When I first read that the James Bond producers had chosen Daniel Craig to play the British secret service agent, I was pessimistic. Too ugly (especially after Pierce Brosnan), too much of a jock…he just didn’t come across as someone who could carry the role. The fact that he could act (wonderful performance in The Road to Perdition) didn’t really seem to count for much since the role of James Bond doesn’t really require extraordinary acting skills.
Well, we finally saw Casino Royale last Sunday and I shouldn’t have underestimated the guy. My mistake. He more than gave justice to the role — he humanized James Bond. Of course, it wasn’t all his doing. The producers and the director clearly intended a turnaround from the previous gadget-heavy flicks from the last decade and a half. Perhaps, the better way of putting it is that the producers made the right decision in casting Daniel Craig as James Bond.
The film is rated PG-13 so we thought it was okay to bring the kids. In fact, because they have enjoyed previous Bond films on DVDs, they were looking forward to seeing Casino Royale although both delivered the usual Yuck! Yucky! lines when they first found out that Daniel Craig would be playing the part. They had seen him in Tomb Raider and thought he was a sissy. So, anyway, we brought them to see Casino Royale.
I was watching for reactions all throughout the film. Some were expected. They were visibly excited to discover that Vesper Lynd had the same cell phone as mine. When 12-year-old Alex saw James Bond’s phone, she told her dad right there and then that she wanted one just like that which, of course, just made her father laugh (that translates to “Dream on, baby”).
I was particularly worried about how they would react to the torture scene. In the past, my husband and I would see a film first then assess if it was okay to let the kids see it. But we have seen far too many PG-13 films where we felt that a G rating would have been more proper so we had no qualms about taking them to see Casino Royale.
When no one said anything, I brought it up with Alex the next day. Of course, the scene upset her. Despite the gore she sees in CSI (which are explainable in scientific terms), torture was a rather new visual concept for her. I mean, of course, she has read about wars in her history books and she knows about atrocities that men are capable of. But to actually see someone being tortured, in such a graphic way, was upsetting for her.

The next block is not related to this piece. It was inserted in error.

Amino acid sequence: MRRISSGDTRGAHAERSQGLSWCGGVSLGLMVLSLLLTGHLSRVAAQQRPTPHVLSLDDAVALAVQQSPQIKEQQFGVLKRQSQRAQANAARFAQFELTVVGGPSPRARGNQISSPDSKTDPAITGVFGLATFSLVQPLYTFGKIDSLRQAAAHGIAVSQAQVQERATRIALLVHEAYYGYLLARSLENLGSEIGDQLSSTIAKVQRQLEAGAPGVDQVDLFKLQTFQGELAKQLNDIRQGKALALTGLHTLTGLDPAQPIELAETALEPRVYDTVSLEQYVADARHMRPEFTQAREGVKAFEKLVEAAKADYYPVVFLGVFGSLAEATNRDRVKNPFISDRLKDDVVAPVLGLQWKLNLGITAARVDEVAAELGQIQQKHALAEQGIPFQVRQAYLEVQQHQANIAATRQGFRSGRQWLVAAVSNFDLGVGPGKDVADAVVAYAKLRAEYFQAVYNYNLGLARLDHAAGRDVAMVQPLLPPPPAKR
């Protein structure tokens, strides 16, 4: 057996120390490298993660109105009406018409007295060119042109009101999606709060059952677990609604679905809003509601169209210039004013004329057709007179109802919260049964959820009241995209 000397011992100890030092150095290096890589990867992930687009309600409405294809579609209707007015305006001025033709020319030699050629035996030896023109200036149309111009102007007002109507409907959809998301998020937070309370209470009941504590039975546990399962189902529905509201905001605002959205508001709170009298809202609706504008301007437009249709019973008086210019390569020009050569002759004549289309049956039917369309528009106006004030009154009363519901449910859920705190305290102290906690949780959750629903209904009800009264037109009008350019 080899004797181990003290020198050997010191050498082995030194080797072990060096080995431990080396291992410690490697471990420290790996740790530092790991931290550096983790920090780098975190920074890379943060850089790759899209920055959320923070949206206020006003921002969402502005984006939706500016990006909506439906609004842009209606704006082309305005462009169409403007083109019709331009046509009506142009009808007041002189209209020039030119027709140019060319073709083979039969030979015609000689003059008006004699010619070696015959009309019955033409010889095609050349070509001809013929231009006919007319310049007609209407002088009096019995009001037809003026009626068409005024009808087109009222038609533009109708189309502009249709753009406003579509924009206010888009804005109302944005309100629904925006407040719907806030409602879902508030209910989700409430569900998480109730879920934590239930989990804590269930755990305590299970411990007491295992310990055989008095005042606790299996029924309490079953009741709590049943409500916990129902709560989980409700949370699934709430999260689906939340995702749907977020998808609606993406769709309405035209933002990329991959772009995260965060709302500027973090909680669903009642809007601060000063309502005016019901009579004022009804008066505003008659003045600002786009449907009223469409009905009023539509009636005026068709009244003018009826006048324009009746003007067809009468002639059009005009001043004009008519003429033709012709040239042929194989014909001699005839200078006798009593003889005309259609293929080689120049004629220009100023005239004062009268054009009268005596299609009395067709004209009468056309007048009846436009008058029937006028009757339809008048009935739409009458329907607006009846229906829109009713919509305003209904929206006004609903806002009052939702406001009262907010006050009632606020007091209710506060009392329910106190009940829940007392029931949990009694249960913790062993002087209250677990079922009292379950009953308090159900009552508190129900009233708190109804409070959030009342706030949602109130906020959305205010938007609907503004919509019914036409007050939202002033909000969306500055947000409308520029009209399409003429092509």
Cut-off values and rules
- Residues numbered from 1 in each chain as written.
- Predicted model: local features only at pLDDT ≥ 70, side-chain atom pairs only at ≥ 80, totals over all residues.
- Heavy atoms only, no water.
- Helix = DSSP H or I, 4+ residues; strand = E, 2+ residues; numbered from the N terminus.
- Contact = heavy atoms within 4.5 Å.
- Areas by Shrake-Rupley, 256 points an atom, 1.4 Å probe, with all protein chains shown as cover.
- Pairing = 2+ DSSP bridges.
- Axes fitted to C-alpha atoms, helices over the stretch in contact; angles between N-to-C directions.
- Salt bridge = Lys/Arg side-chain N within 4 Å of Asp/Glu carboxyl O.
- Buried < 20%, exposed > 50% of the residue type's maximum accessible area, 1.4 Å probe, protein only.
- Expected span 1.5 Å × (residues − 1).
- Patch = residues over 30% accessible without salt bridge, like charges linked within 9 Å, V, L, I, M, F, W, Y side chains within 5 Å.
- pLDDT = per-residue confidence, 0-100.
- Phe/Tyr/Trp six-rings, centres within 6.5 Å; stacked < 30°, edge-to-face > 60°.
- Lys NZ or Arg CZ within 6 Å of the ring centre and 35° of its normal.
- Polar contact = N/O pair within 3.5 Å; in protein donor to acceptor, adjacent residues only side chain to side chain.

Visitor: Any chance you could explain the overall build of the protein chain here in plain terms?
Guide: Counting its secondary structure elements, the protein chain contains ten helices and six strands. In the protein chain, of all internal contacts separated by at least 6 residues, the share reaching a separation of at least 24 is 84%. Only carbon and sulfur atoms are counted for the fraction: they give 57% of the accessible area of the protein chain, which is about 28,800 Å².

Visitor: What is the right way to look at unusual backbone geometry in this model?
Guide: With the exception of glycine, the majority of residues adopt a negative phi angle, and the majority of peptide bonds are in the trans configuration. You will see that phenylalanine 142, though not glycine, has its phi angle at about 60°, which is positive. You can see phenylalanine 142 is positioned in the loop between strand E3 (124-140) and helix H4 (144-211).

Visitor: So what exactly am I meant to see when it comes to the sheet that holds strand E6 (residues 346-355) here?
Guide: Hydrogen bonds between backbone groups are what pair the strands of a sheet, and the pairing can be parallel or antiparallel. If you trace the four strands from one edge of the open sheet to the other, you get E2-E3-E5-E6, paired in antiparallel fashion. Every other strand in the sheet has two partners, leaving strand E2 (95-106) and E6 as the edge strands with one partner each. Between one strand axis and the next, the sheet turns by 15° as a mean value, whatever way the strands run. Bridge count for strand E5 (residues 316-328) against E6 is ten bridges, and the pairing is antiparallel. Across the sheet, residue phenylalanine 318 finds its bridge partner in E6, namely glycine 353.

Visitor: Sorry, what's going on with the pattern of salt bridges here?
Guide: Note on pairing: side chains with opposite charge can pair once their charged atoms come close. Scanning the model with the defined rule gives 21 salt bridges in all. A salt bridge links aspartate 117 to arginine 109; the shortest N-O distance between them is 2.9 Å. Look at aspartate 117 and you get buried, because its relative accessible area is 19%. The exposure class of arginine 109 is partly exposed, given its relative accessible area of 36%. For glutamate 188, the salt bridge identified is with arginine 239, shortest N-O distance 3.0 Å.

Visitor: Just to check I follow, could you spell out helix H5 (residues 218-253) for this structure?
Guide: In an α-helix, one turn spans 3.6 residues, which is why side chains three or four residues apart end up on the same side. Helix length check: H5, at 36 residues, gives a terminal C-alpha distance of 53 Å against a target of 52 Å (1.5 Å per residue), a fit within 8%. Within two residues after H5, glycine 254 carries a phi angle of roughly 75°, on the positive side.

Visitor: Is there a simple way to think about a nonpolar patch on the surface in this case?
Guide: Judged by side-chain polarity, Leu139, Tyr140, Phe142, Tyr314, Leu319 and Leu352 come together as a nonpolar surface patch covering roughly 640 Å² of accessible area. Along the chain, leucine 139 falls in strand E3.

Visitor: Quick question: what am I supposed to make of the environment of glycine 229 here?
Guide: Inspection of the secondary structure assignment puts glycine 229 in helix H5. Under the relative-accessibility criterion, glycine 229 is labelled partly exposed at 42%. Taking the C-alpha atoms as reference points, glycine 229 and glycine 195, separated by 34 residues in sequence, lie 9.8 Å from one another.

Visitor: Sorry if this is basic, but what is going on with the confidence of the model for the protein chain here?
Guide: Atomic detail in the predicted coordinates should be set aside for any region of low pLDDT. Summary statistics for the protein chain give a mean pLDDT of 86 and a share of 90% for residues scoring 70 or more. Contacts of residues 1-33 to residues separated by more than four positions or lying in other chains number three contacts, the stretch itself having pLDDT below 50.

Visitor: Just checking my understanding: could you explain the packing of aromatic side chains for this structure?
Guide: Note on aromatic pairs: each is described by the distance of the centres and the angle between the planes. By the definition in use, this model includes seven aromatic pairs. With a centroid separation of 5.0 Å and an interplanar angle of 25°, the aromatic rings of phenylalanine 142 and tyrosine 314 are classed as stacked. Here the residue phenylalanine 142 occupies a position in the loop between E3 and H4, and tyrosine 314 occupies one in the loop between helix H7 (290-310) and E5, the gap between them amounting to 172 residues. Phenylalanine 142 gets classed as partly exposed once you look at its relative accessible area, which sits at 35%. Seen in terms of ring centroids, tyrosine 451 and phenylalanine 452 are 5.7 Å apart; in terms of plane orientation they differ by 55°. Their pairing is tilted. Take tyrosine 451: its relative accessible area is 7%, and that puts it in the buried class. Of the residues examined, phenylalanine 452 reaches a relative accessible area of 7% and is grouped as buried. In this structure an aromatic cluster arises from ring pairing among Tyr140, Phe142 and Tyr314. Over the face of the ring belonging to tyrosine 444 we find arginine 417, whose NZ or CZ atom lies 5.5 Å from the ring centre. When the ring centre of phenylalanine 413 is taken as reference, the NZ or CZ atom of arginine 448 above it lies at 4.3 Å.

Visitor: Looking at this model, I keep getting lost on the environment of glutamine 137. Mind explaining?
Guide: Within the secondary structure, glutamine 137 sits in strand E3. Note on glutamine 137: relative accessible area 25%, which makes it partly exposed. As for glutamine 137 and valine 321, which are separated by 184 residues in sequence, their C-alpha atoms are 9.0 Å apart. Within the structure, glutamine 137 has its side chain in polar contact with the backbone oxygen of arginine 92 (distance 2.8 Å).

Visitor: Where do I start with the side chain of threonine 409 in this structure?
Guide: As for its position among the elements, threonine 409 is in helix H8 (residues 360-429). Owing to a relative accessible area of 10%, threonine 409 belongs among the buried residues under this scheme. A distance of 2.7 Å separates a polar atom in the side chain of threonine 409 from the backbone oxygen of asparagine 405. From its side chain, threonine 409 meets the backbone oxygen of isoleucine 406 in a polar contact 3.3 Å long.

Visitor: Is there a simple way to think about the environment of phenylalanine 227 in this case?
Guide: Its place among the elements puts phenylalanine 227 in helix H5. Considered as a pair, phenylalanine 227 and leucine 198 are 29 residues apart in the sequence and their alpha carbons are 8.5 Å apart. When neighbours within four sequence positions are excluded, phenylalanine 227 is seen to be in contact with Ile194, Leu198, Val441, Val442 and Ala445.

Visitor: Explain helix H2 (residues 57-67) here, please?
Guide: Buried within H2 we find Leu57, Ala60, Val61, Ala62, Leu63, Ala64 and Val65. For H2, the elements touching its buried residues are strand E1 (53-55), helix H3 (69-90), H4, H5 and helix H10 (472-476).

So, I had to explain the scene as best as I could — that it wasn’t just for cinematic purposes. I told her that in real life, it happens especially in war when prisoners are taken and tortured for information. I mentioned the Iraq War and Abu Ghraib although I think it’s too early to show her actual photos. She’s “young” in that sense, far younger than her 14-year-old sister who, I know, would be able to handle the reality in a more mature way. I didn’t want to shock her further but I did let her know that men are capable of far worse acts of violence than what she saw in Casino Royale.
It was an unsettling conversation. And I felt guilty, in a way, because she might not be emotionally prepared to watch such a violent scene. Still, there was a part of me that said I shouldn’t consciously prevent her from seeing violence because it is part of how the world is — that it has always been part of man’s history.
I felt sad that I had to tell her that life is much more than the life she has known so far — that there are people who live under very different circumstances; that, for many, a hard life doesn’t just mean living in the slums. It was so hard finding the right balance to make her aware without unnerving her. I don’t know if that makes sense. The only way I can explain it is by saying that I wanted her to know that some people live very violent lives, that there are children out there, many much younger than they are, who live amid the violence that they may not even comprehend. At the same time, I wanted her to know that all of that should not make her view the world from the perspective of violence alone — that there is also good in man. Nor should she feel guilty that she lives a better life than others do.
Ah, the things that one scene from one movie can elicit… Ang hirap maging nanay.